Podcast #19 is up: Check out Xanax Blues.
Okay, we don't do much in the way of clinical cases here at Shrink Rap, but I've got a borrowed case. Not my patient, this was a "Can I fly this by you?" tale from a colleague.
The patient is a substance abuser with a history of episodic violence, only when intoxicated. The substance abuse continues. The patient is an adult, but his care is paid for by a family member who has been involved. Psychiatric care is divided between a psychotherapist and a psychiatrist who prescribes the medications (split treatment). The patient tells both the psychotherapist and the psychiatrist that he is planning to purchase a gun, for protection. Neither the psychiatrist or the psychotherapist feel that the patient is imminently dangerous, and neither has expressed concern (that I, sitting on the curb, know about) that an actively symptomatic mental illness is the reason for concern. In other words, the patient is not now suicidal, is not purchasing the gun to either kill himself or someone who is the focus of a delusional system. The only danger (aside from the usual dangers) is that the patient is known to have a substance abuse disorder and is known to sometimes become violent with intoxication.
What should the shrink do?
- Cross his fingers and hope for the best?
- Attempt to hospitalize the patient?
- Violate confidentiality and involve family?
- Refuse to treat patient if he buys the gun?
- Refuse to treat patient if he continues to use drugs?
- Buy a gun for his own protection in case patient comes after him?
The actual case had an answer, even before I heard about it (ah, this makes it so easy when someone wants my advice!), I'll post it here after people have had a chance to think about this one.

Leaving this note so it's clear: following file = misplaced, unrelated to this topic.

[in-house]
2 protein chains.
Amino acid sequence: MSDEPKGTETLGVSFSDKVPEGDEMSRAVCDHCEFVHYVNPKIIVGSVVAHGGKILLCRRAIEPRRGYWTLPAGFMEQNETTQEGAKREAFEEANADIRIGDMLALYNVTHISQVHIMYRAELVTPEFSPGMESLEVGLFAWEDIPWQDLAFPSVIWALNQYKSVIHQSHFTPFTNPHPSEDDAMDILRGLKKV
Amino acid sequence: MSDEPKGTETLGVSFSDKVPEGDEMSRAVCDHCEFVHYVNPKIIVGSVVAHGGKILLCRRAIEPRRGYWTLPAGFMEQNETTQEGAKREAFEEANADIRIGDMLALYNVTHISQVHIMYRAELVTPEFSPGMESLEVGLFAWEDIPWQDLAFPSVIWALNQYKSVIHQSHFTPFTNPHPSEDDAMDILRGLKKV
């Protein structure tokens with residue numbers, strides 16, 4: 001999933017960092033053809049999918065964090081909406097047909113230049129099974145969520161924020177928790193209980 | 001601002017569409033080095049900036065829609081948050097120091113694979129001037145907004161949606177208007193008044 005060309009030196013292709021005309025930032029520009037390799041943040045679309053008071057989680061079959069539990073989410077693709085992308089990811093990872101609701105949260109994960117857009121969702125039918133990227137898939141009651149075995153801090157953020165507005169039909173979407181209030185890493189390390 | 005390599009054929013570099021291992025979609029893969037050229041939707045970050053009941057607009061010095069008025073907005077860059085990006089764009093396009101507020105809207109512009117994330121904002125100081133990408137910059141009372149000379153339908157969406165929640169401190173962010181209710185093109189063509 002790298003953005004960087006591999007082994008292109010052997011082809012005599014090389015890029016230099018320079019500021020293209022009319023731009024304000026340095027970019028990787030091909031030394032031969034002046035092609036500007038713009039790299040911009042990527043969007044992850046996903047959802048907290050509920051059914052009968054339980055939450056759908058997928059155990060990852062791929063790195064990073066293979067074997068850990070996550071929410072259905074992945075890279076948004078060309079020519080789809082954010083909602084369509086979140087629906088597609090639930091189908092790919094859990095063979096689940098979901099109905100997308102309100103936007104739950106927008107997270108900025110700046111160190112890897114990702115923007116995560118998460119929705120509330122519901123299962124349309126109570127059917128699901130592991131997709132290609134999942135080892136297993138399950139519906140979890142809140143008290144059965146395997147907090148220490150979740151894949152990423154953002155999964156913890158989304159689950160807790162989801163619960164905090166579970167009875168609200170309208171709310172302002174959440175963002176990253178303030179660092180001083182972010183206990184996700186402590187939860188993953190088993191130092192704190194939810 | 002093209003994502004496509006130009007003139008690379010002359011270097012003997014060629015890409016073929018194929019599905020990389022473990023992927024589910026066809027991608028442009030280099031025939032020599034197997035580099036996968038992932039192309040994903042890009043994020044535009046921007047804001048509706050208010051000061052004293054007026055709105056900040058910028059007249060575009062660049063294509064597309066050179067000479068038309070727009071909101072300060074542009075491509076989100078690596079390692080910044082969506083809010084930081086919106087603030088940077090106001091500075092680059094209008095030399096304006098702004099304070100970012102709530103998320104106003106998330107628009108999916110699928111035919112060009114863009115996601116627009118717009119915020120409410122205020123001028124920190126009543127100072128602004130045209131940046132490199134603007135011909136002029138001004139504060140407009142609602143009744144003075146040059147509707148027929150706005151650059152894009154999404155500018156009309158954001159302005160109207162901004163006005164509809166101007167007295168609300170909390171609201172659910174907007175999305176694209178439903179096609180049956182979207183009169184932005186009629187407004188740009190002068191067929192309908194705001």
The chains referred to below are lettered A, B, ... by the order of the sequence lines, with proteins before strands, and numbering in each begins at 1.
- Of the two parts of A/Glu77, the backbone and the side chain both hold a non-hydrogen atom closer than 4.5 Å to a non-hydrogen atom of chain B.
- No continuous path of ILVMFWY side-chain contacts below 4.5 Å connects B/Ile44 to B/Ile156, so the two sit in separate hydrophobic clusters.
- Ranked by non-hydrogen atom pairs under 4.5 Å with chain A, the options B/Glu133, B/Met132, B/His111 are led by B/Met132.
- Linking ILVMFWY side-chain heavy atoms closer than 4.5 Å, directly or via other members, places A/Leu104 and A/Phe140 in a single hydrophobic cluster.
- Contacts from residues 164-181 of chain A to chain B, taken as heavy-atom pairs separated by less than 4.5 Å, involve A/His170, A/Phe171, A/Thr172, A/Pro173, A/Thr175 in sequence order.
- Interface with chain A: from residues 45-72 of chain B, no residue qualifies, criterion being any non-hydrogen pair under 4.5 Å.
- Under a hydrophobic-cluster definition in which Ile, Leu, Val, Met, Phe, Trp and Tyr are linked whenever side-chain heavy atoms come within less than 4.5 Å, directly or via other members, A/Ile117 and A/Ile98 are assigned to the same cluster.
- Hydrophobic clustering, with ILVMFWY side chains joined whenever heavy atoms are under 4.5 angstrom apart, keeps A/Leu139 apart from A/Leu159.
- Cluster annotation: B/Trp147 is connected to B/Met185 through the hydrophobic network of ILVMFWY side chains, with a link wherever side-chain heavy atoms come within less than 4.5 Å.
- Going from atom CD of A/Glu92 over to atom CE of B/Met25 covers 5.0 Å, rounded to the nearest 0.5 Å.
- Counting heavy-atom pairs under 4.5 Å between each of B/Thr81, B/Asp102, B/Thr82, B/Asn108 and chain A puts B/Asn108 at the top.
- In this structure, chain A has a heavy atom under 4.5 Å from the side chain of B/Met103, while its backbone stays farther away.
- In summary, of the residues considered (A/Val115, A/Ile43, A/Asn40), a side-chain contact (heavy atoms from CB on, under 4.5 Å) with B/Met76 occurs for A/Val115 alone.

Okay, so probably Do Nothing comes closest of the choices above: Review with the patient that he has an ongoing substance abuse problem, that under the influence he has a history of becoming compulsive and violent, and he shouldn't get a gun. I believe, but don't know, that this is a college student with no formal legal history and no interest in giving up his substances. Refusing to treat if he doesn't get substance abuse treatment would likely be the end of treatment. Refusing to treat if he buys the gun seems a little weird-- I do have patients with guns. Clink has also pointed out to me that it can be a real issue if such a patient is required to carry a gun for his job-- no gun, no job, no insurance, can't pay shrink. The shrink buying a gun was a joke. Sorry if it wasn't funny.
So the doc who "flew this by me," then told me that the psychotherapist told the family member who pays for treatment and has sometimes been involved. The family member threatened to stop supporting patient if he got a gun, patient reportedly didn't get gun, but got mad at therapist and fired her. My response: "Therapist did you a favor and solved your difficult problem." Was this "legal?" Nope, the therapist violated confidentiality. Can the patient sue-- I suppose so, but for what damages? We'll never know, but if the patient had done something awful with the gun, it would have been very troubling to his treatment team, even if not snitching was the "right" thing to do. I don't know the extent of the past history of violence, and that would have mattered to me. Remember, this question got asked on the heels of the Virginia Tech shootings and I believe we're all still feeling a bit vulnerable.